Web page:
Toolbox Talks: Is it human performance or behavior-based safety that gets you Pro-Bowl players?

Defensive end Cameron Jordan (94), running back Alvin Kamara (41) and offensive guard Andrus Peat (75), of the New Orleans Saint before the NFL Pro Bowl in January (The Associated Press/Phelan M. Ebenhack)

This article is part four in a series. If you want to check out the previous installments, you can find them here: Part 1 | Part 2 | Part 3

To summarize, here are the three big concepts from the previous articles:

1. If your process doesn’t address fixing the breakdowns in an organization that make it hard for workers to choose the right behaviors, then you do not have a true Human Performance or BBS process.

2. Don’t get hung up on the titles Human Performance or Behavior-Based Safety, as they are not good descriptors. The names sound like “people” fixes, letting the organization off the hook.

3. BBS wants the worker to self-correct, while Human Performance wants to strike a balance between improved worker behaviors and organizational accountability.

Now the big question: If both are intended to improve worker behaviors, does this shift in focus make a difference? Spoiler alert: Yes. The reason why: Behavior is a symptom of culture.

How a worker behaves is influenced by the culture of an organization. Think about how the New Orleans Saints’ outcomes improved when the culture started being shaped by Sean Payton and Drew Brees. For decades the Saints focused (through a paper bag at times) on the behaviors of interceptions, missed tackles and dropped balls like a BBS system: “We defined the behavior. That’s not the behavior we want; here is some coaching, now do better or we’ll replace you.” Occasionally, they would get a talented player or coach and would win a few games, but they weren’t an enviable team through the ’70s, ’80, and ’90s because the culture wasn’t there for it.

Look at the New England Patriots. The culture is so strong that they can take a seemingly washed up player, like Randy Moss, and turn him into an NFL Pro-Bowler. In his last year with the Raiders, his stats were 42 receptions, 553 yards, and 3 touchdowns. The next year with the Patriots? 98 receptions, 1493 yards and 23 touchdowns (the current single-season record). The same worker, doing the same job, but with amazing results because the culture supported it, and the Patriots have been doing this for almost 20 years with many different players/workers.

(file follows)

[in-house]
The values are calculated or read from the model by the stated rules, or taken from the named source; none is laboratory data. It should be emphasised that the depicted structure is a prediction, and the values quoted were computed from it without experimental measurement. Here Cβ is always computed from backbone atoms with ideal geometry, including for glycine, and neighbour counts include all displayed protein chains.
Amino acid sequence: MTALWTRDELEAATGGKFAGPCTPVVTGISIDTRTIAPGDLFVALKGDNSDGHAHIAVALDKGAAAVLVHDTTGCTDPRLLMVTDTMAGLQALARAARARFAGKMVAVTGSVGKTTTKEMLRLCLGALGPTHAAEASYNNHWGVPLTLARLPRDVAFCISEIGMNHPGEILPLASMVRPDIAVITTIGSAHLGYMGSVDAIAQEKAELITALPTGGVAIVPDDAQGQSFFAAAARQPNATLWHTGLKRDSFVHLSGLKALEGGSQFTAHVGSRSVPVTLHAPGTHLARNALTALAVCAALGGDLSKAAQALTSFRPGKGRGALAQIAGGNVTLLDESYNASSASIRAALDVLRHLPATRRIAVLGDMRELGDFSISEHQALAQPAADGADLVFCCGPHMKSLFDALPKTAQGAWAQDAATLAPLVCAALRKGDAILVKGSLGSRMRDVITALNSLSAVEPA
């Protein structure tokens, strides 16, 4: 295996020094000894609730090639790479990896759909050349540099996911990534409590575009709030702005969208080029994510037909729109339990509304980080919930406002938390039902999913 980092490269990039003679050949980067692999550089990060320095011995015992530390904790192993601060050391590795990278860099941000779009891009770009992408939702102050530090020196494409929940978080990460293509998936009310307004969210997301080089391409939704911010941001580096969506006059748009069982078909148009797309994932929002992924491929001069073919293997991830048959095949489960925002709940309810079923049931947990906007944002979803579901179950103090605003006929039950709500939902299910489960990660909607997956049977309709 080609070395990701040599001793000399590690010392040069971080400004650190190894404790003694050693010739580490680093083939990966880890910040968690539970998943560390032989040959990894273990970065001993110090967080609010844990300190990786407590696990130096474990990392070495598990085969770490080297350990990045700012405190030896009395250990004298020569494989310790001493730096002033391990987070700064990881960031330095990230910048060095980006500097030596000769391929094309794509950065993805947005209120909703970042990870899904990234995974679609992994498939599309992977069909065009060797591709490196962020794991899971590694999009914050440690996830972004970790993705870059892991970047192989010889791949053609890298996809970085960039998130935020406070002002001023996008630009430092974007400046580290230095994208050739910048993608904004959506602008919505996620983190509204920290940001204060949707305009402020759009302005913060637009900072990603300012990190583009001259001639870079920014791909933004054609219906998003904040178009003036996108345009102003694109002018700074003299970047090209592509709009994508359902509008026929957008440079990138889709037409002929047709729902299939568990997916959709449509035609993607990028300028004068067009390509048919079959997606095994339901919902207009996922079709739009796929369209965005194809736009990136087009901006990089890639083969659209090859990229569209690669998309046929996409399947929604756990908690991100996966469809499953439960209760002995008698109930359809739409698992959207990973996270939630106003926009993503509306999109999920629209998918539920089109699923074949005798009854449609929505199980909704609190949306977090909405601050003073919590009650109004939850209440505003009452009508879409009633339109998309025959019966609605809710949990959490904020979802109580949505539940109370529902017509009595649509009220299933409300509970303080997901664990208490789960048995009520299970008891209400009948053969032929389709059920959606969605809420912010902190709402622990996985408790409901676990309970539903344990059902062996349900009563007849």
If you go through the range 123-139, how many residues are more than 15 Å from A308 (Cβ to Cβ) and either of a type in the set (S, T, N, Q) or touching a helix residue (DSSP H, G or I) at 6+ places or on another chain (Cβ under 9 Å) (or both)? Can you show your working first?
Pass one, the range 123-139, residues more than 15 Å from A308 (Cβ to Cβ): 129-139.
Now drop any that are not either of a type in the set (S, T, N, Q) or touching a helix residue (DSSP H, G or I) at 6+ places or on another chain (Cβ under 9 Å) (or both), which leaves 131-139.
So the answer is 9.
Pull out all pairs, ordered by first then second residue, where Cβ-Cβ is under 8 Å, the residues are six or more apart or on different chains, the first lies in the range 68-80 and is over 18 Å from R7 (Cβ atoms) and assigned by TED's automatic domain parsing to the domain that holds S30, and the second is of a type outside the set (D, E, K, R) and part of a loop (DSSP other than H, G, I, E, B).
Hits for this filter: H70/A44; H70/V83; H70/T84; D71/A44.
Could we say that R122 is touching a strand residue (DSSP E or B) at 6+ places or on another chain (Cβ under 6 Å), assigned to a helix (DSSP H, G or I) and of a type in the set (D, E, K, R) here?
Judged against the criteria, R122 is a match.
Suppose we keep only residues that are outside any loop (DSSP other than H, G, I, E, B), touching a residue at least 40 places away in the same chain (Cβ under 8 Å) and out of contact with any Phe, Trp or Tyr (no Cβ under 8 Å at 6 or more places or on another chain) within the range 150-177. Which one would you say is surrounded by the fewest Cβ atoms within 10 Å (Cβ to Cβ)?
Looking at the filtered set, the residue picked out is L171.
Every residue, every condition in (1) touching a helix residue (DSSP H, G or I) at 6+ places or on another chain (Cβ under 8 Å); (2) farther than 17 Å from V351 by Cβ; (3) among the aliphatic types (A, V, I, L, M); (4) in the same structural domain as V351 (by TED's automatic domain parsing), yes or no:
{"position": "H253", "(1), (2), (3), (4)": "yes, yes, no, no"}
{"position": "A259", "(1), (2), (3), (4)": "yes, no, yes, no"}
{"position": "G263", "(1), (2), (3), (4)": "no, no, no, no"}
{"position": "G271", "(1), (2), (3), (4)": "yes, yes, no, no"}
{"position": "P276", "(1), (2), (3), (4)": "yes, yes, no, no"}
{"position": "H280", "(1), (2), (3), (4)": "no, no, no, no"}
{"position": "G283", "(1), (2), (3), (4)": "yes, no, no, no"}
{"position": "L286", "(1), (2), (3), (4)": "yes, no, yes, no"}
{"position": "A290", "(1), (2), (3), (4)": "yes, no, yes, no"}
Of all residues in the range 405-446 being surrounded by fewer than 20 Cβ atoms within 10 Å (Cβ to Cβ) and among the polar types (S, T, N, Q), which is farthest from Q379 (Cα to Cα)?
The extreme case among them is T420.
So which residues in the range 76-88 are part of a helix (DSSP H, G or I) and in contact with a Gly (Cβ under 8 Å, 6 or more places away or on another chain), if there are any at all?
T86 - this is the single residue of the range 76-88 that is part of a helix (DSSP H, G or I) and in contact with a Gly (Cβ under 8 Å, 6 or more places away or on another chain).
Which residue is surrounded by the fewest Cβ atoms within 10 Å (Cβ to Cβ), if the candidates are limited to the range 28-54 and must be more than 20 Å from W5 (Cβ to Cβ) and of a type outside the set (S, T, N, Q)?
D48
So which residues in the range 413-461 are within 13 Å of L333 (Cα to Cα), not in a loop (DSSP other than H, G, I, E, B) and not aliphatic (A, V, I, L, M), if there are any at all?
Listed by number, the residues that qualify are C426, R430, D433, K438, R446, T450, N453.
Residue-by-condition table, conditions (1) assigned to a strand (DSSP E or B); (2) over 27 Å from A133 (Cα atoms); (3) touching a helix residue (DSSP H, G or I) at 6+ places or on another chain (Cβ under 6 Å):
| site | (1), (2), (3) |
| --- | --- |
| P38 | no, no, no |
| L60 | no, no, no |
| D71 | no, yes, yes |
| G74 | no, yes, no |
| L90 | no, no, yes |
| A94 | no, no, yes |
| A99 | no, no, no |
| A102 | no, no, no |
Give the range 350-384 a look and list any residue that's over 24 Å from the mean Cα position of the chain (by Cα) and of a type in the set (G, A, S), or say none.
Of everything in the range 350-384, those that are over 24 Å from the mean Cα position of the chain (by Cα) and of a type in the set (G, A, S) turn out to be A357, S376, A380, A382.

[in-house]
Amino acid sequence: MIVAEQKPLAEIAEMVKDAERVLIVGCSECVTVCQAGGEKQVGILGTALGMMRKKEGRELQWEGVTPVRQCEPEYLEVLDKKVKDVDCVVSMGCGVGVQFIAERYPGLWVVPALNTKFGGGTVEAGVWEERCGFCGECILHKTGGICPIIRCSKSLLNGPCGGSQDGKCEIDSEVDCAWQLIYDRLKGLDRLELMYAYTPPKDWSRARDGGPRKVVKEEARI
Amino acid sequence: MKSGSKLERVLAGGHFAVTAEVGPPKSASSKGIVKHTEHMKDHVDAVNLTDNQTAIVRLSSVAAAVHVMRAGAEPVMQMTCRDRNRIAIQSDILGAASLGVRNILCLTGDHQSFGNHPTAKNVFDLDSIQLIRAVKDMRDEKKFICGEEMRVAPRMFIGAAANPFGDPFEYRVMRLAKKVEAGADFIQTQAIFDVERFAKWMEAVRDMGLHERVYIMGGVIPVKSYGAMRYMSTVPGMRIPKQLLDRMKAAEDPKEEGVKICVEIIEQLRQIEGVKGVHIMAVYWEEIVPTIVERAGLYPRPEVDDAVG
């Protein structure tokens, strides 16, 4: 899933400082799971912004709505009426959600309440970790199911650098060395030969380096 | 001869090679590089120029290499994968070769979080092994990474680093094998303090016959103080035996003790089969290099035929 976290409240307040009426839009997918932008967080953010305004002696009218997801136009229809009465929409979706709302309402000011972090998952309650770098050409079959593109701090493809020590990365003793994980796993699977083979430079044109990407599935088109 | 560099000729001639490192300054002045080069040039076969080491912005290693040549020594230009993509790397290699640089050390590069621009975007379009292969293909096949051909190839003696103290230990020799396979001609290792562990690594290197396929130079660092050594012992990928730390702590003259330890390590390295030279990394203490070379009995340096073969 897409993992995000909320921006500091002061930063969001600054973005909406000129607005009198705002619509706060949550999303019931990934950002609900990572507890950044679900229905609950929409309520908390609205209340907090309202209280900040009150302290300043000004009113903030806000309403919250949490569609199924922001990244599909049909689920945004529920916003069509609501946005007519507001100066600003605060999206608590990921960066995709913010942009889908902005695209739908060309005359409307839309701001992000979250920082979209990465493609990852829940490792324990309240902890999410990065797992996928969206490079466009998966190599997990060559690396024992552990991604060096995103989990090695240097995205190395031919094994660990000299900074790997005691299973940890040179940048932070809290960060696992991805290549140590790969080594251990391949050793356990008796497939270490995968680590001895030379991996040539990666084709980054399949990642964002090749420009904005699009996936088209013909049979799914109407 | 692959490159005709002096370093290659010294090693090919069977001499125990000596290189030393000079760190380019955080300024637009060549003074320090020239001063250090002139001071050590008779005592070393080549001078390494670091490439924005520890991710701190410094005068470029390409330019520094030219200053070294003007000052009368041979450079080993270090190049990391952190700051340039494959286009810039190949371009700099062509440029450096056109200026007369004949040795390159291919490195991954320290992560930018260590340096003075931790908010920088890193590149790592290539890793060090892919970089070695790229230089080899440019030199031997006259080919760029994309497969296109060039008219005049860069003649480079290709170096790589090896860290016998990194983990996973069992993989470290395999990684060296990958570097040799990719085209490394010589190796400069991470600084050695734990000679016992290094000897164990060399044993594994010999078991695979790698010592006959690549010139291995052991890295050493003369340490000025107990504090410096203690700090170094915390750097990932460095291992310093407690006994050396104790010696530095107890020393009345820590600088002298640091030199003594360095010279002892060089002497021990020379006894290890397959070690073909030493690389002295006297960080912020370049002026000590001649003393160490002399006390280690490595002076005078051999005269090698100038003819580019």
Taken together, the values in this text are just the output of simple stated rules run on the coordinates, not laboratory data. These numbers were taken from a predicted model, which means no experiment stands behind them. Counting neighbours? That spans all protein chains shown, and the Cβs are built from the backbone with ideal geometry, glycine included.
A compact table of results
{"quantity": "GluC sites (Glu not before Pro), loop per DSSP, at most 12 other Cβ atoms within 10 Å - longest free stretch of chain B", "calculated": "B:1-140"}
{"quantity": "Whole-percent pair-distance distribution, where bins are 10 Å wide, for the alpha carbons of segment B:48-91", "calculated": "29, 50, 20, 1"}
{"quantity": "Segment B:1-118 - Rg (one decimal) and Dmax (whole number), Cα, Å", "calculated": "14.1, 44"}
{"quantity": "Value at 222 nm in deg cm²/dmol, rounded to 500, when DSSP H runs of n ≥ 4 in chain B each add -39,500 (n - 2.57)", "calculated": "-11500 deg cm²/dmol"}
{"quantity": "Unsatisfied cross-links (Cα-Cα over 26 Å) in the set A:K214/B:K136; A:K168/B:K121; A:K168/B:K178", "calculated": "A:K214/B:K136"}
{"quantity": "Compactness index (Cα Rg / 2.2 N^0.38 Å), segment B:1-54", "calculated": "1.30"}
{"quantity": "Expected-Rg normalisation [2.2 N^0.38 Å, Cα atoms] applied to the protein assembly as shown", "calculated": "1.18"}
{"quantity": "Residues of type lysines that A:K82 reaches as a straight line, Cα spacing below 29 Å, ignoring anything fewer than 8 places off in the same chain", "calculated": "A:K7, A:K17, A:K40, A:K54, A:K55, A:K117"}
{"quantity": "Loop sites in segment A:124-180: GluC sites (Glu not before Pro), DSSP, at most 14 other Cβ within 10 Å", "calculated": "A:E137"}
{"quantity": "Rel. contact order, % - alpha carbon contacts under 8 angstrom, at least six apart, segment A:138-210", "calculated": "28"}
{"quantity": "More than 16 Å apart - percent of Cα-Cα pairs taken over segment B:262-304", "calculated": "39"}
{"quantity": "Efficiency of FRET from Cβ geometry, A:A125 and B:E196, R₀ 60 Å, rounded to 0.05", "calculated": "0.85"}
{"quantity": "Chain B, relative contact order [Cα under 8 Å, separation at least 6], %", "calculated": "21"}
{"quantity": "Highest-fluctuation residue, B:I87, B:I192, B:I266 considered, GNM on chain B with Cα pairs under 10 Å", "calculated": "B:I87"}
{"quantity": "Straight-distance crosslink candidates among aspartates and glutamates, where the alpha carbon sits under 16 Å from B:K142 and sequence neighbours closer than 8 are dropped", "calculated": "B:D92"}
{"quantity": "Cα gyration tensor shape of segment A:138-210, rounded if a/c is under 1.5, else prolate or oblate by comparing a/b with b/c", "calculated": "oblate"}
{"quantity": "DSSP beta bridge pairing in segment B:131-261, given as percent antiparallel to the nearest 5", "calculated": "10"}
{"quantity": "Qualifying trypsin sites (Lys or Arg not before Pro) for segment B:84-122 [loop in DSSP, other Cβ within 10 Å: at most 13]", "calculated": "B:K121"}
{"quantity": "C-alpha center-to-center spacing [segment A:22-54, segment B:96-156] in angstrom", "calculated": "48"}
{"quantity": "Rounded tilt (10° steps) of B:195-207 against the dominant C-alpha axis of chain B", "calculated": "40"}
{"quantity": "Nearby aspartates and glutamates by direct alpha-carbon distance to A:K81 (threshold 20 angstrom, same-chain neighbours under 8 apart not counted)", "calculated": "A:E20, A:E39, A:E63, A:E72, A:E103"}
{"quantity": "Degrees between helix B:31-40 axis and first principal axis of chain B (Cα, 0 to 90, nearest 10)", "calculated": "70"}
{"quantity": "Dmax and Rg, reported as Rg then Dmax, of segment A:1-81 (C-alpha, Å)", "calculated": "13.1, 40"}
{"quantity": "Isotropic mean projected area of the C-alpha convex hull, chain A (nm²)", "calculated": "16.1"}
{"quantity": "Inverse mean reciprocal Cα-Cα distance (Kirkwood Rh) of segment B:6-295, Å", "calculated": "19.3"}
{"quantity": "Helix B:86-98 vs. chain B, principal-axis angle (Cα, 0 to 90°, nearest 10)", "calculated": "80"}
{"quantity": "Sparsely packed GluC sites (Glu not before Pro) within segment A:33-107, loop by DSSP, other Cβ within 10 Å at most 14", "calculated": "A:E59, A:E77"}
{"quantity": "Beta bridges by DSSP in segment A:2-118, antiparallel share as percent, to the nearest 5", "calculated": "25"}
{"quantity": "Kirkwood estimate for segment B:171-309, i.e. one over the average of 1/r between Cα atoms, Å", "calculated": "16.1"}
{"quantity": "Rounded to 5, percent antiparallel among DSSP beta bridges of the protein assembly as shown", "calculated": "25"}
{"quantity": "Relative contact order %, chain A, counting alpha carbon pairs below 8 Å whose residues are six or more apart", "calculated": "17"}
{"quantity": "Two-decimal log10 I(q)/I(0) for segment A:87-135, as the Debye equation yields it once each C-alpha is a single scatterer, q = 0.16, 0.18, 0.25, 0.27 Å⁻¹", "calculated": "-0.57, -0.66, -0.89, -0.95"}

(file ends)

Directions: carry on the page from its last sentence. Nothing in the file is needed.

The worker isn’t broken and needs to be fixed. There isn’t some untapped reserve of “safety” or “situational awareness” that the worker can magically summon if only they were reminded. The worker is an underutilized asset that can reach his or her full potential if the culture supports it. Human Performance strives to shape the entire culture. The focus must  be on the organization and how it can help the worker; not how to fix the worker’s behavior. Again, the behavior is a symptom of the culture. You can treat the symptom to get temporary improvement, but treating the disease (a culture that allows the wrong behaviors) will get you lasting results.

Human Performance and BBS both want to improve worker behaviors. BBS wants to fix the worker as if the worker just needed to try a little harder. Human Performance wants to improve the health of the culture to maximize the effort the worker is already providing.

The success of BBS will rise and fall with the talent of the workers and their ability to excel in less-than-ideal conditions. Human Performance will get the most out its people, irrespective of the specific worker, by focusing on surrounding them with a culture that does its share. This is the big difference between BBS and Human Performance. You can get some better players with BBS, but you can get the most out of ALL your players with a Human Performance culture doing its part. Who knows how many Pro Bowl players you have right now who are ready to perform if given the right culture?

Toolbox Talks offers quick insights and thoughts to use for your toolbox (tailboard) talks. Dave Sowers is a founding member of Knowledge Vine, a veteran-owned human performance training and consulting organization that strives to reduce the frequency and severity of human errors in the workplace. He has almost 30 years of experience in power generation and the utility industry. He is a veteran of U.S. Navy Nuclear Power Program and holds a bachelor’s degree in resources management and a master’s degree in both management and emergency management and homeland security.